Rabbit finds a pine cone and begins to play catch with his animal friends. When they notice dark clouds, Rabbit’s friends go inside because they do not like playing in the rain. Rabbit sadly returns to his house as the rain comes down. Then, he notices that Bird is having fun playing in a rain puddle and puts on a raincoat to join him.  The other animals also come outside to join in on the fun, which once again is put to a halt when the rain stops. But this time, they all enjoy what happens next. The colorful digital illustrations of the anthropomorphized animals were created by the author.

THOUGHTS: This picture book is a good choice for rainy day storytimes. It shows the value of being positive and making the most of a disappointing situation.

Picture Book          Denise Medwick, Retired, PSLA Member

Elem. – The Weather’s Bet

Young, Ed. The Weather’s Bet. Philomel Books, 2020. 978-0-525-51382-7. Unpaged. $18.99. Grades K-2.

The Wind and the Sun may be a familiar Aesop fable to many adults but a new puzzle for young readers. Ed Young has recreated the fable into The Weather’s Bet with his usual collage and mixed media. We see a young shepherd with a red cap who becomes the unknowing target of a bet between the wind, rain, and sun above. While wind and rain seek to use forceful methods of persuasion, the sun patiently waits for its gentle warmth to win out. Young brings in an environmental note in the forward and introduces several Chinese pictograms to symbolize the competing weather. It’s a good bet that children will appreciate and discuss this fabled work with fresh voice and vision.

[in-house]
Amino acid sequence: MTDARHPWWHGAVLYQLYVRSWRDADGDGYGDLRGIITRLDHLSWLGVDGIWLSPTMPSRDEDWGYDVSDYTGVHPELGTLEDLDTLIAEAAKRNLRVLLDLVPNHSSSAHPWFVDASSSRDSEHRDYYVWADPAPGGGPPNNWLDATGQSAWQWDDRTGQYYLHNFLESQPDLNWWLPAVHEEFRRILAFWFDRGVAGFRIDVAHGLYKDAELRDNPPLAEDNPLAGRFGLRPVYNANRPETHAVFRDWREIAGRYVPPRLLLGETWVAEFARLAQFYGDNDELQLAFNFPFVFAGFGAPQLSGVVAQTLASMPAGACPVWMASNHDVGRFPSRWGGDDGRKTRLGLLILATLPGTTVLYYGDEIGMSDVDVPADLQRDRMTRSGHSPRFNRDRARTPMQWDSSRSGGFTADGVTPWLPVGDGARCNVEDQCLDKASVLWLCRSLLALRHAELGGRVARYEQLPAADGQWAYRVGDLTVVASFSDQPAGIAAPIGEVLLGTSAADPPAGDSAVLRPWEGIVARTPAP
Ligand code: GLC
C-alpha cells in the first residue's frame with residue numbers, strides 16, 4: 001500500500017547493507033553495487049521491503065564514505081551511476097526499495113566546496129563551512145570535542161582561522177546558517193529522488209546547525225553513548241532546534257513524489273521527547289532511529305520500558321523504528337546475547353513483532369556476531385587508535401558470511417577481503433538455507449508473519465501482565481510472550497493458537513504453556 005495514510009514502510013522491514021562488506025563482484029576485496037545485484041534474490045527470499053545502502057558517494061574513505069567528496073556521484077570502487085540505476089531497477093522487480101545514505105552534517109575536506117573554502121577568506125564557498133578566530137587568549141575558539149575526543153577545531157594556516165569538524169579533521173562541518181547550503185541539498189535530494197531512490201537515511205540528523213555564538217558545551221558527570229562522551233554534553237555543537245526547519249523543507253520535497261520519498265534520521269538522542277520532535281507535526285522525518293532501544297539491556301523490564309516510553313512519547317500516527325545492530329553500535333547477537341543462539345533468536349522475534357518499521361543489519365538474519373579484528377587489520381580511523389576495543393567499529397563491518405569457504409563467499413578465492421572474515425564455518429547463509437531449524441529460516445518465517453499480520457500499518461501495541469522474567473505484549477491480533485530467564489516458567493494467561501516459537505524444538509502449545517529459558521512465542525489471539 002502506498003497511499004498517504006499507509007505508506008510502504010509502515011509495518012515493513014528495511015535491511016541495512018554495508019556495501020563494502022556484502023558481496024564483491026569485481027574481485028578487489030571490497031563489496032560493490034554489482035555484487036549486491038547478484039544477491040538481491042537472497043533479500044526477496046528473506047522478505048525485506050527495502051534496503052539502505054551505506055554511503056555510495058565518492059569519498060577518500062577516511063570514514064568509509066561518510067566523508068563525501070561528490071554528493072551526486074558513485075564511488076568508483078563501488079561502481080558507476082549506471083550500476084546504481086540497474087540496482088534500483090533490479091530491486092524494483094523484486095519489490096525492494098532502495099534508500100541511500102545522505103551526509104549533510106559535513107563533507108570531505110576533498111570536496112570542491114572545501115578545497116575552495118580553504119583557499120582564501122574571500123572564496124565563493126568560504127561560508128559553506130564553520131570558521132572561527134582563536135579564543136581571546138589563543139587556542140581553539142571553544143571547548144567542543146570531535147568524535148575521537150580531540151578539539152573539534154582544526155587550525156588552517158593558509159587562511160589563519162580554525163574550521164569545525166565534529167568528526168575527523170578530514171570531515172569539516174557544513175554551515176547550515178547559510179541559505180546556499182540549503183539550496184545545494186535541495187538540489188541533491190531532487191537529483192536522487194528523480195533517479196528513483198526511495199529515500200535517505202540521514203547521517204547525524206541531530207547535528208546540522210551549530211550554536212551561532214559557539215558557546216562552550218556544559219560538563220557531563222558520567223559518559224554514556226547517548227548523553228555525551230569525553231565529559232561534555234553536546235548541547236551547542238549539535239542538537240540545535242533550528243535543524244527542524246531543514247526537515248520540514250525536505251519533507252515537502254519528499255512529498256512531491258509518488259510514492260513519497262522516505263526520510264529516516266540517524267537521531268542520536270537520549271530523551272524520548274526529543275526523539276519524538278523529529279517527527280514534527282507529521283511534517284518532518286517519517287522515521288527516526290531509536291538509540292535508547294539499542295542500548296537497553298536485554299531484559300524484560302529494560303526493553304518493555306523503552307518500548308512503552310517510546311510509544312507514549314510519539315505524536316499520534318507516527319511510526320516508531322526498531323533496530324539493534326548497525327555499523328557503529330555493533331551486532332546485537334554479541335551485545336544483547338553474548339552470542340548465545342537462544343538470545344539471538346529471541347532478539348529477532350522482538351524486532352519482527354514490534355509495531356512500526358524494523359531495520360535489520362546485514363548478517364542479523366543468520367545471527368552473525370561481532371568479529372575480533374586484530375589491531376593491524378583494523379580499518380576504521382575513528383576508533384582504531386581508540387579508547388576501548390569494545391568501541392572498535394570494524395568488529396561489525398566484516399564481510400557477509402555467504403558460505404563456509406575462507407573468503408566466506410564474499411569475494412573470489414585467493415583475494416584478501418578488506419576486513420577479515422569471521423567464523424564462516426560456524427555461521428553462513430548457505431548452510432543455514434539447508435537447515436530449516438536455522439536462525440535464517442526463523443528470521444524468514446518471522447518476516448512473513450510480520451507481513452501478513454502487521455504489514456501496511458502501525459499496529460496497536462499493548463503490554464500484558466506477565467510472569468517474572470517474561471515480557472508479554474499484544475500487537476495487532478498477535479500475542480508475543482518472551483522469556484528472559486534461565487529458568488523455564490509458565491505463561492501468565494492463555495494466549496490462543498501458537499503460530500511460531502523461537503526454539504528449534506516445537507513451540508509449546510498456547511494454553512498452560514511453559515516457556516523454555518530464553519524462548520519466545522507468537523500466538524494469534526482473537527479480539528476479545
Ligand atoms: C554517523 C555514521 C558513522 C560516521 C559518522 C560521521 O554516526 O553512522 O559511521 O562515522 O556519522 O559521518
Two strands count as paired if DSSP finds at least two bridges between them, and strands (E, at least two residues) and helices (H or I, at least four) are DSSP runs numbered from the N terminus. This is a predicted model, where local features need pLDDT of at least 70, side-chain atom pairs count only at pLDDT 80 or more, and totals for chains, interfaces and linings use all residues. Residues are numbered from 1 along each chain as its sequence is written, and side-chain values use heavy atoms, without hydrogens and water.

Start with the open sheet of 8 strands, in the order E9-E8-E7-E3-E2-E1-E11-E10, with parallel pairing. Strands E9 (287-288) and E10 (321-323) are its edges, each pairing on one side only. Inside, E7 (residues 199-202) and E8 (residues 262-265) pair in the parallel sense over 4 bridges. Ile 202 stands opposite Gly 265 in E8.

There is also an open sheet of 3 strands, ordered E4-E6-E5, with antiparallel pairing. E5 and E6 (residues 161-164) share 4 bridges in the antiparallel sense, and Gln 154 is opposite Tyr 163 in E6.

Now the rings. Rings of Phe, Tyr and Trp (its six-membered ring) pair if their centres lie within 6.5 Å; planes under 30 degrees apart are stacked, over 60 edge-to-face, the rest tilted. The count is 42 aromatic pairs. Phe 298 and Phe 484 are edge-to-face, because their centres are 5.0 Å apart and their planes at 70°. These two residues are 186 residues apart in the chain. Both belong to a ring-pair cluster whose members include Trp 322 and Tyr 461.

THOUGHTS: The story length is ideal for a short storytime, and can easily be compared with other fables and versions of the story. The moral is not overt, so a discussion with classes would be recommended. Recommended for K-2.

398 Folklore          Dustin Brackbill, State College Area SD

Elem. – Sunny

Krampien, Celia. Sunny. Roaring Brook Press, 2020. 978-1-250-31660-8. 36 p. $17.99. Grades K-3.

Attitude is everything, and your outlook can make even the dreariest of circumstances appear in a different light. When it’s raining outside and everyone else’s spirits are down, Sunny believes it’s the perfect day to use her big yellow umbrella. She splashes happily to school until a gust of wind lifts her up and carries her above her seaside town and out over the ocean. Most people would agree blowing over an ocean during a storm is terrible, but Sunny enjoys watching the tumbling waves. The story progresses in this vein, with Sunny looking on the bright side of every obstacle she encounters, and ultimately relying on the help of some new friends to get her back where she needs to be. Bold illustrations, featuring a palette of primarily teal and yellow, are perfectly in sync with the nautical vibe of the story.

THOUGHTS: This book will be a natural fit for morning meetings focusing on the benefits of a positive outlook, and it will also prompt discussions about what to do and what you can control when a situation is looking bleak.

Picture Book          Anne Bozievich, Southern York County SD

Tags: Emotions and Feelings. Optimism. Weather fiction.

YA NF – The Book of Chocolate; Jack London; Girl Rising; When the Sky Breaks

Winchester, Simon.  When the Sky Breaks: Hurricanes, Tornadoes, and the Worst Weather in the World.  Smithsonian/Viking, 2017. 978-0451-476357  $22.99  88 pp.  Gr. 7-12.